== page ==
Trapping season will be upon us beginning November 1. While we still are celebrating that the New Mexico Legislature passed and the governor signed Roxy’s Law banning traps from public land, it won’t take effect until April 1, 2022.
As we prepare for the 2021 Legislature and the reintroduction of Roxy’s Law to prohibit traps and poisons from public land, already three dogs that have been caught in traps and a gruesome discovery of skinned coyote carcasses are indications of the toll ahead for wildlife and pets as the trapping season is underway.
By Mary Katherine Ray Two county commissions have snatched defeat from the jaws of victory in Southern New Mexico. The Doña Ana County Commission voted in April to prohibit using the county’s federal range-improvement funds to pay the federal agency
The New Mexico Department of Game and Fish is proposing changes to state trapping rules that are inadequate to protect people and wildlife. Please attend the 8/22/19 meeting of the New Mexico Game Commission in Santa Fe and share your view in a two-minute comment.
HB 366 has become known as Roxy’s Law, in honor of an 8-year-old heeler mix strangled in a trap last month at Santa Cruz Lake. When the House Energy, Environment and Natural Resources Committee took testimony from the public about the issue Thursday, however, the biggest argument against trapping was simply that it is cruel.
The Martinez Administration Game Commission and Game and Fish Department have viewed themselves as the guardians of trapping, not the broader public interest. The new Legislature will be convening in January, and this offers the path where outdoor enthusiasts and wildlife can find relief from trapping on our public lands.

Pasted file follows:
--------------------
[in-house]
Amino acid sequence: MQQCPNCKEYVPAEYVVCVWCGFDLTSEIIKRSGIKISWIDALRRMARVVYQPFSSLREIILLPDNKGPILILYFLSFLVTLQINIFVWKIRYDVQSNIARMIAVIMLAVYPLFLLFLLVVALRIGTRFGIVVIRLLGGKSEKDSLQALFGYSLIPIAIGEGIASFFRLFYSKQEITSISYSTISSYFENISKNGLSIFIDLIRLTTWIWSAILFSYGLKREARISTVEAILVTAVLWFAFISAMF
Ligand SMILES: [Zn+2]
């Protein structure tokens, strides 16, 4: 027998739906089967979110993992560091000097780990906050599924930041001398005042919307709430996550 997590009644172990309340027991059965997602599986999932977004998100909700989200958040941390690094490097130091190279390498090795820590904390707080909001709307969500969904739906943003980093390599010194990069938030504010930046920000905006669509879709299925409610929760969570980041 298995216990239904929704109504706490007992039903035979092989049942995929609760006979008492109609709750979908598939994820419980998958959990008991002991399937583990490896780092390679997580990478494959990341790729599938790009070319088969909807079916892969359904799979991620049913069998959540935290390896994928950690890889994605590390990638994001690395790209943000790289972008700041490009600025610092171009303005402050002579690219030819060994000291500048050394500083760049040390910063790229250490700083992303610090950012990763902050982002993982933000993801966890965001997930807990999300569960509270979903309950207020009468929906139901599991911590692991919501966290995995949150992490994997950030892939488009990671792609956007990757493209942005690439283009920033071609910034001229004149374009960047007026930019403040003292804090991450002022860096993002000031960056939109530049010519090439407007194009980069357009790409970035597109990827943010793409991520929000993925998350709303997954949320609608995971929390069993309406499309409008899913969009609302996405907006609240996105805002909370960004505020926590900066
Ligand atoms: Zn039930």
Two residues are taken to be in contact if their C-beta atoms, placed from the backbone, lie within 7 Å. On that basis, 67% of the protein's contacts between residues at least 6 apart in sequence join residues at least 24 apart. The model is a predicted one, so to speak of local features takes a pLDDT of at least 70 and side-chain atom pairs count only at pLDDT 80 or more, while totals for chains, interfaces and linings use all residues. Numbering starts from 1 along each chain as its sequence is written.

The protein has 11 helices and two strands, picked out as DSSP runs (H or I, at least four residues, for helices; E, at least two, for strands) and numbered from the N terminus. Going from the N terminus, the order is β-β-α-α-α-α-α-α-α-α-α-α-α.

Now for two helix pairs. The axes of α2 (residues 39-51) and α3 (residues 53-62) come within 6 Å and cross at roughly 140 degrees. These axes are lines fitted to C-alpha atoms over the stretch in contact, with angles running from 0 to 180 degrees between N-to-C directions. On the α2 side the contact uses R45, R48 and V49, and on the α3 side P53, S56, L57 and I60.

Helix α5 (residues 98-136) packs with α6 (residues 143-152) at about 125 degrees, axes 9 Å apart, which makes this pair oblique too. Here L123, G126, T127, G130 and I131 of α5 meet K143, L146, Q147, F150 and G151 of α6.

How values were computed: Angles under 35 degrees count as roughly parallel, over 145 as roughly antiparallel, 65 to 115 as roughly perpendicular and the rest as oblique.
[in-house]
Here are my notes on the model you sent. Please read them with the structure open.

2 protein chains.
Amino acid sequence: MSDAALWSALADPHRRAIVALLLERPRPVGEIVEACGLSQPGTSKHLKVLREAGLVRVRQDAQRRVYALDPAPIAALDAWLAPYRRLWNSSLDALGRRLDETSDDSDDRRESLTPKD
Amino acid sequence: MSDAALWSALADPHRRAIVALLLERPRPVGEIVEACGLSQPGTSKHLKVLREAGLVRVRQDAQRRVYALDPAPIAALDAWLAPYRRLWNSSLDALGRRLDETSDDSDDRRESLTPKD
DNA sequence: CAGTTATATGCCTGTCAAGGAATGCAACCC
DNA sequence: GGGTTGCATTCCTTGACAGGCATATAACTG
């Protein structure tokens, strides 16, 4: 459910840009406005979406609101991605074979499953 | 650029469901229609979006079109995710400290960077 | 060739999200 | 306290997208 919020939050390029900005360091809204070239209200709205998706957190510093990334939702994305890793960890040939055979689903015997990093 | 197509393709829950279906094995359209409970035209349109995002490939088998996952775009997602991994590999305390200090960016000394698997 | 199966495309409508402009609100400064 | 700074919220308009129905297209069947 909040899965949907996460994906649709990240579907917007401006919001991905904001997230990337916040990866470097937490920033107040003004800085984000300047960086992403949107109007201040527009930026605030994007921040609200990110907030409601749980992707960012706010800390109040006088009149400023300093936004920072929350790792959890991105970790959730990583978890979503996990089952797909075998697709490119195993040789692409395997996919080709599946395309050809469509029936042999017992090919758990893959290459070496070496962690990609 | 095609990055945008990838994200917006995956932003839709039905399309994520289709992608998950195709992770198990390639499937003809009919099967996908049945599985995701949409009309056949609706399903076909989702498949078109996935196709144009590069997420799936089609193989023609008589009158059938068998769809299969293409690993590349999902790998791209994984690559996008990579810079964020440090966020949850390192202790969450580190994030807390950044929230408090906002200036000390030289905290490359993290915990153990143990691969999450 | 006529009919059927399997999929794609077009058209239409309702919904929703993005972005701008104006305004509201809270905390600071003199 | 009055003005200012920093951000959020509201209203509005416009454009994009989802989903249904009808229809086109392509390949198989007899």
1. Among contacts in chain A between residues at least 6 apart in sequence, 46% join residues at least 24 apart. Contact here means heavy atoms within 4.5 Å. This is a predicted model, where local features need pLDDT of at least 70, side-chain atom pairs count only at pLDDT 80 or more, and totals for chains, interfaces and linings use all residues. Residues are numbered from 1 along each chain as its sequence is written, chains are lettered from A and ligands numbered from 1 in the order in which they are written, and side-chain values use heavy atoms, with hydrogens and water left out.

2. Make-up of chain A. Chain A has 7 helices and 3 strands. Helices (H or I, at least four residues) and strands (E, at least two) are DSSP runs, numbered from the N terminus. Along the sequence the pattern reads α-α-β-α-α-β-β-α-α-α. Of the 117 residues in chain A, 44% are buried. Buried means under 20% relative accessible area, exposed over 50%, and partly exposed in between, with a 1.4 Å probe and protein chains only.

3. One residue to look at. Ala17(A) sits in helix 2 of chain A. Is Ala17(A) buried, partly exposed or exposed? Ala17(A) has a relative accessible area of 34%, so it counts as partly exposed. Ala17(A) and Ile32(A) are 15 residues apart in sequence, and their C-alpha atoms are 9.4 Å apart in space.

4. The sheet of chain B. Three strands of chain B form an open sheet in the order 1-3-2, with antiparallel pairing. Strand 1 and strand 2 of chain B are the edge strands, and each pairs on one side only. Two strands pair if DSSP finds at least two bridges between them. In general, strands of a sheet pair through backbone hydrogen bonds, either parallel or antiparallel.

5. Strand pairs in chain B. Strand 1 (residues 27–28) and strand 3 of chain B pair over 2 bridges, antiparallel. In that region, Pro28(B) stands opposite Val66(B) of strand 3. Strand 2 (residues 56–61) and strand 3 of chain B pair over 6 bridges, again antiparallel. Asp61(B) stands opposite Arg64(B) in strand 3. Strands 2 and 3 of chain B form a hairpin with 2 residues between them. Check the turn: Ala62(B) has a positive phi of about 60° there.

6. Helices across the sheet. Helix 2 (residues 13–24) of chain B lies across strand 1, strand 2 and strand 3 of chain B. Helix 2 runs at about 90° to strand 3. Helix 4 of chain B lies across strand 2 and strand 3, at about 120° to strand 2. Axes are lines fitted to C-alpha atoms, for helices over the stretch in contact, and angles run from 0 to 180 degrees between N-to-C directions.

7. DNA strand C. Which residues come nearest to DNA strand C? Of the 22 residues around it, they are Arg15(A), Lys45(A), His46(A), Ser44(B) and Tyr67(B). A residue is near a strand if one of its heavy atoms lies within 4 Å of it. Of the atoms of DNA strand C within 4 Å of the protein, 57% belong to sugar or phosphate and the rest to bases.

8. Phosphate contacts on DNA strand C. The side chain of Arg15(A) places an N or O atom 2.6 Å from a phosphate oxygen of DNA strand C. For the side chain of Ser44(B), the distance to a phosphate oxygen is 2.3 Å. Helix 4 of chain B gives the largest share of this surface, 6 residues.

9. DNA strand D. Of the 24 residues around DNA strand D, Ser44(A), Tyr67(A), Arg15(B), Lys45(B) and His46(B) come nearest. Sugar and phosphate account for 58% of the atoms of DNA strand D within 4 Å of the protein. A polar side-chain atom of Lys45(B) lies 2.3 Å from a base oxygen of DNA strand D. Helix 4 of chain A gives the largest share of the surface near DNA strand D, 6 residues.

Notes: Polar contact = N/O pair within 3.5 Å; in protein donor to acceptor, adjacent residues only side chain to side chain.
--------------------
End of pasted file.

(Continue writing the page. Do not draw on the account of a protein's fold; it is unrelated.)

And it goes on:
Grant County, NM has been paying Wildlife Services to kill native wildlife such as coyotes, often by cruel and unacceptable methods. Tell them you don’t want your tax dollars spent that way.
For yet another year, New Mexico’s trapping season has resulted in untold numbers of deaths and cruelty to native wildlife and companion animals across the state. Although the vast majority of New Mexicans do not trap wildlife and oppose trapping on public lands, New Mexico has failed to join its neighboring states in banning cruel and indiscriminate traps and snares. The statewide coalition TrapFree New Mexico continues to bring to light the indiscriminate cruelty that trapping causes, refuting baseless pro-trapping rhetoric with hard evidence and real stories.
Sadly, wildlife tapping on public land is perfectly legal in New Mexico. Our Wildlife chair, Mary Katherine Ray, whose own dog just got caught in a trap, was able to release her dog it in about 30 seconds because she knows how. Read her story and learn more about this issue.
By Mary Katherine Ray, Rio Grande Chapter Wildlife Chair Bills to prohibit trapping on public land, end killing contests, reform the Game Commission and more did not pass the New Mexico Legislature in a session distracted by other issues and